Developing older workers

Dr Peter Saul

By

written on April 14, 2015

When we talk of ’employee development’ we typically think of employers providing training and learning experiences to younger workers who have the potential to progress their careers within the organisation that is providing the development.

However, several trends are playing havoc with this traditional picture. First, employees are much more mobile these days and are unlikely to feel that they owe the developing organisation loyalty for life (or even for several years). So, development might be more realistically thought of as a component of an employer’s brand as a good place to work. Employers that offer development opportunities are much more likely to attract the best people because they will be seen to be good places to develop one’s market value as an employee – and, in today’s dynamic business climate, high marketability is the best form of employment security.

A second trend that is changing the traditional picture of employee development is the ageing population. At the recent summit on Older Australians at Work convened by AHRI and the Australian Human Rights Commission, the demographer Bernard Salt presented many statistics showing how the percentage of older workers in the workforce (i.e. workers over 60 years of age) is expected to grow in the next 10 years and beyond. For example, between 2013 and 2023 the number of Australians aged over 60 will increase by 4.2 million (compared with an increase of 3.4 million in the 10 years to 2013). Most of that increase will be people in the 70-80 age group. A link to Bernard Salt’s full presentation can be found on the AHRI website.

The Australian Financial Review of 6 March also presented statistics from the federal government’s Intergeneration Report 2015 highlighting the ageing of the population and of the workforce. In particular, it forecast that the number of Australians who are 65 and over will more than double between now and 2055 (this presumably assumes that immigration of younger people does not increase beyond present levels). The Intergeneration Report also forecasts that: “There will be fewer people of traditional working age compared with the very young and the elderly. This trend is already visible, with the number of people aged between 15 and 64 for every person aged 65 and over having fallen from 7.3 people in 1974–75 to an estimated 4.5 people today. By 2054-55, this is projected to nearly halve again to 2.7 people”. Furthermore, it goes on to say: “As Australians live longer and do so in better health, more Australians will continue to lead an active lifestyle and participate in the workforce after they reach traditional retirement age…Participation rates among those aged 65 and over are projected to increase strongly, from 12.9 per cent in 2014-15 to 17.3 per cent in 2054-55”.

So, employers will increasingly have to engage with older Australians in getting work done in the future. This will involve changes in the way that work and workplaces are designed and structured. For example, most older Australians do not want to work full time. They are also not prepared to put up with unproductive organisational policies and procedures that waste their time (as there are more aware than younger workers that the supply of it is limited). They want to be able to contribute their experience and workplace wisdom and to feel that this is valued by employers.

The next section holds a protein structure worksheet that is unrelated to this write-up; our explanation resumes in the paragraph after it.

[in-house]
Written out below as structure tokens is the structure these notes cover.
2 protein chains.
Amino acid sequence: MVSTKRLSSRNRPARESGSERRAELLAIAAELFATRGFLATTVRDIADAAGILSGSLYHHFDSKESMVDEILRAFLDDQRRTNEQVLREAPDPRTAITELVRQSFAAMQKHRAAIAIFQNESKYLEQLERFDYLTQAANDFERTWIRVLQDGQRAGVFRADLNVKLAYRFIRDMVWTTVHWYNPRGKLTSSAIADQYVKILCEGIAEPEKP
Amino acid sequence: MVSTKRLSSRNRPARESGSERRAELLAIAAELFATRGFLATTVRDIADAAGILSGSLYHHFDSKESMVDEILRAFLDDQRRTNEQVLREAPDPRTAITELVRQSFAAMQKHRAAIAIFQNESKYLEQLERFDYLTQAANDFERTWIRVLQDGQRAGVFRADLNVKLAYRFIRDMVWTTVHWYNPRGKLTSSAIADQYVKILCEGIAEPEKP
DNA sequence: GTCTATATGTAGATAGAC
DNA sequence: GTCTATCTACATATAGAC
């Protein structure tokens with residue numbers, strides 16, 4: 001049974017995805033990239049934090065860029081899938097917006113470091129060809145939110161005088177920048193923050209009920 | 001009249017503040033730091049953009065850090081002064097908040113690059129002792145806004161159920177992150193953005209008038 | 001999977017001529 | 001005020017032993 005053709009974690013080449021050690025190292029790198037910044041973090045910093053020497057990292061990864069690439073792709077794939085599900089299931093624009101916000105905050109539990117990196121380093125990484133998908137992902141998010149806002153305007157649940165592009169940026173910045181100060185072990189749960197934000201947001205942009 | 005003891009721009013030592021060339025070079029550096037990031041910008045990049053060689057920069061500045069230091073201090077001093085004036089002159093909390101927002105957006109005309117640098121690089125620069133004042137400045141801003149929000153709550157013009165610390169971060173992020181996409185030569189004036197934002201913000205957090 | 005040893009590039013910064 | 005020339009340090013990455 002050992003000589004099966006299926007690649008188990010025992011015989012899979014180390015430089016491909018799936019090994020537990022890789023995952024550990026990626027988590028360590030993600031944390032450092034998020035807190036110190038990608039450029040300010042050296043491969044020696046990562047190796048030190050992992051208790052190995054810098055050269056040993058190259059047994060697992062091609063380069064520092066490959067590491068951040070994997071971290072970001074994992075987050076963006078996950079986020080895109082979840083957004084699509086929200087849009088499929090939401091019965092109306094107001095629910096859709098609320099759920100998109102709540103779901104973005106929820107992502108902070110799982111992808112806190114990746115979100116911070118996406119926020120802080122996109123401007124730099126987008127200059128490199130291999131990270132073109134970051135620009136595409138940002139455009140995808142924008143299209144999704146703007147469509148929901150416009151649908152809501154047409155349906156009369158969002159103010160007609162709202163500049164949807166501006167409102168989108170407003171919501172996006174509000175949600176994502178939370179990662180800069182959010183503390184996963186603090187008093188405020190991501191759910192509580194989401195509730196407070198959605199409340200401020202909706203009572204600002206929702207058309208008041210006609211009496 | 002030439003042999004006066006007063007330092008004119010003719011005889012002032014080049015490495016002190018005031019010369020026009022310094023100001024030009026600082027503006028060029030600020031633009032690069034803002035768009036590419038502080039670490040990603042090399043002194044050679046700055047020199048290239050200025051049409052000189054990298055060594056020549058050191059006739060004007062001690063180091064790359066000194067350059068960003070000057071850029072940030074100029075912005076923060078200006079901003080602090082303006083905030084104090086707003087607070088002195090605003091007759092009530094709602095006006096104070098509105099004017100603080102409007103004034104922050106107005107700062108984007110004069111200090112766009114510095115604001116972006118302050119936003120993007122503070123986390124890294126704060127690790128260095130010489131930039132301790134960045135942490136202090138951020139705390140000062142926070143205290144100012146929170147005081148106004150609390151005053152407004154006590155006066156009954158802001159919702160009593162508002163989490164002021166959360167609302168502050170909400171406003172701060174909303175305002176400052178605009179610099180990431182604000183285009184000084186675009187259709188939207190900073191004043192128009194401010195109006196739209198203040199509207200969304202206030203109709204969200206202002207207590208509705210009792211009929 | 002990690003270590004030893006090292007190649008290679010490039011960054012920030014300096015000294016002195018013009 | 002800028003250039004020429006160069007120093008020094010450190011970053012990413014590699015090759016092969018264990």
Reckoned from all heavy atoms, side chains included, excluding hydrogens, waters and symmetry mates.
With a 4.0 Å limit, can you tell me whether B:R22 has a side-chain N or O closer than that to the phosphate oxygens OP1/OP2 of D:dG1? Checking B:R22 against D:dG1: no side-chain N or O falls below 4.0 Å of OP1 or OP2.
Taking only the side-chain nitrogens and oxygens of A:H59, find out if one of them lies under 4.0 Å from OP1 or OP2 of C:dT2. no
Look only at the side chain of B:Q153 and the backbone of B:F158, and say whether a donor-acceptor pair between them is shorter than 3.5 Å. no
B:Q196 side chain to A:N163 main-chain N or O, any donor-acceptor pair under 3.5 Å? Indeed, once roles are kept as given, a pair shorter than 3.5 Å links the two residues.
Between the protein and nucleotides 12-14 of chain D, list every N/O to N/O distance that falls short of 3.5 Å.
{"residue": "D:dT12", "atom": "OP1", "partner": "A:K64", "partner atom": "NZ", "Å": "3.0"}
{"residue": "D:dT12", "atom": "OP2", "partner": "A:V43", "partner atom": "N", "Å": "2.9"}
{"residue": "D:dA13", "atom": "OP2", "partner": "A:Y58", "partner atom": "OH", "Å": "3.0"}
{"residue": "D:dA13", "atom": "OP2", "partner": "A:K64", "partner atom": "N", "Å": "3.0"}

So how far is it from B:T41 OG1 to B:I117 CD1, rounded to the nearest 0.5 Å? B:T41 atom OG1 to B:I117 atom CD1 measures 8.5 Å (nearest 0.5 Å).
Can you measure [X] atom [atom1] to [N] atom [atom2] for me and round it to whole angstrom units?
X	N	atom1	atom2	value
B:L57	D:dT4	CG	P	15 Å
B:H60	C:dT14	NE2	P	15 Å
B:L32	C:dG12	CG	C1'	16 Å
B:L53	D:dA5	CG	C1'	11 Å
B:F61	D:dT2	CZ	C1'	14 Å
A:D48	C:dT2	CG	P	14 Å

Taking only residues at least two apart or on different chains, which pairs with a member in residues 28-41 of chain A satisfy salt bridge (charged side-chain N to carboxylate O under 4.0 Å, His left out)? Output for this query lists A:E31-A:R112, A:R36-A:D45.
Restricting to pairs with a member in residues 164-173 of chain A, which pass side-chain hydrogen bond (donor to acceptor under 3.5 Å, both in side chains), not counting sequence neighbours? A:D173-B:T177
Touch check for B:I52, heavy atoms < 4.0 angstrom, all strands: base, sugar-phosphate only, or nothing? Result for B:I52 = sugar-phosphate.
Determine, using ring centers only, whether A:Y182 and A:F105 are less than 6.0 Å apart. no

Develop All Stakeholders, Not Just Employees

When planning the development of an organisation’s people, I have seen the benefit that employers can derive by expanding their definition of “my people” to refer to all the organisation’s stakeholders; e.g. suppliers, business partners, distributors, customers, etc as well as employees and their unions and professional associations. Stakeholders are those individuals and groups who can make a difference (positive or negative) to the achievement of organisational goals. If you accept this definition, then it makes sense to plan how best to develop all of their capabilities to contribute to organisational success. This might be simply sharing annual objectives; involving key stakeholders in planning how best to achieve strategic goals; training them in the use of new IT systems; actively enabling your leading edge customers to get involved in product or service innovation; etc.

The wisdom and expertise of the older people in your stakeholder network can be a valuable untapped resource for many employers as these people want to contribute and will often add value to your organisation for little more than opportunities to get involved in interesting and worthwhile conversations and experiences; for signs that what they have learned over the course of a lifetime still has value; and for opportunities to “give back” to their industry or society.

For more information AHRI members can access an Older Workers report, which offers insights into the current state of play regarding older workers in the Australian workforce. Read the report.

This article was first published on the AHRI website as ‘Older employee development’. Find out more about AHRI membership here.

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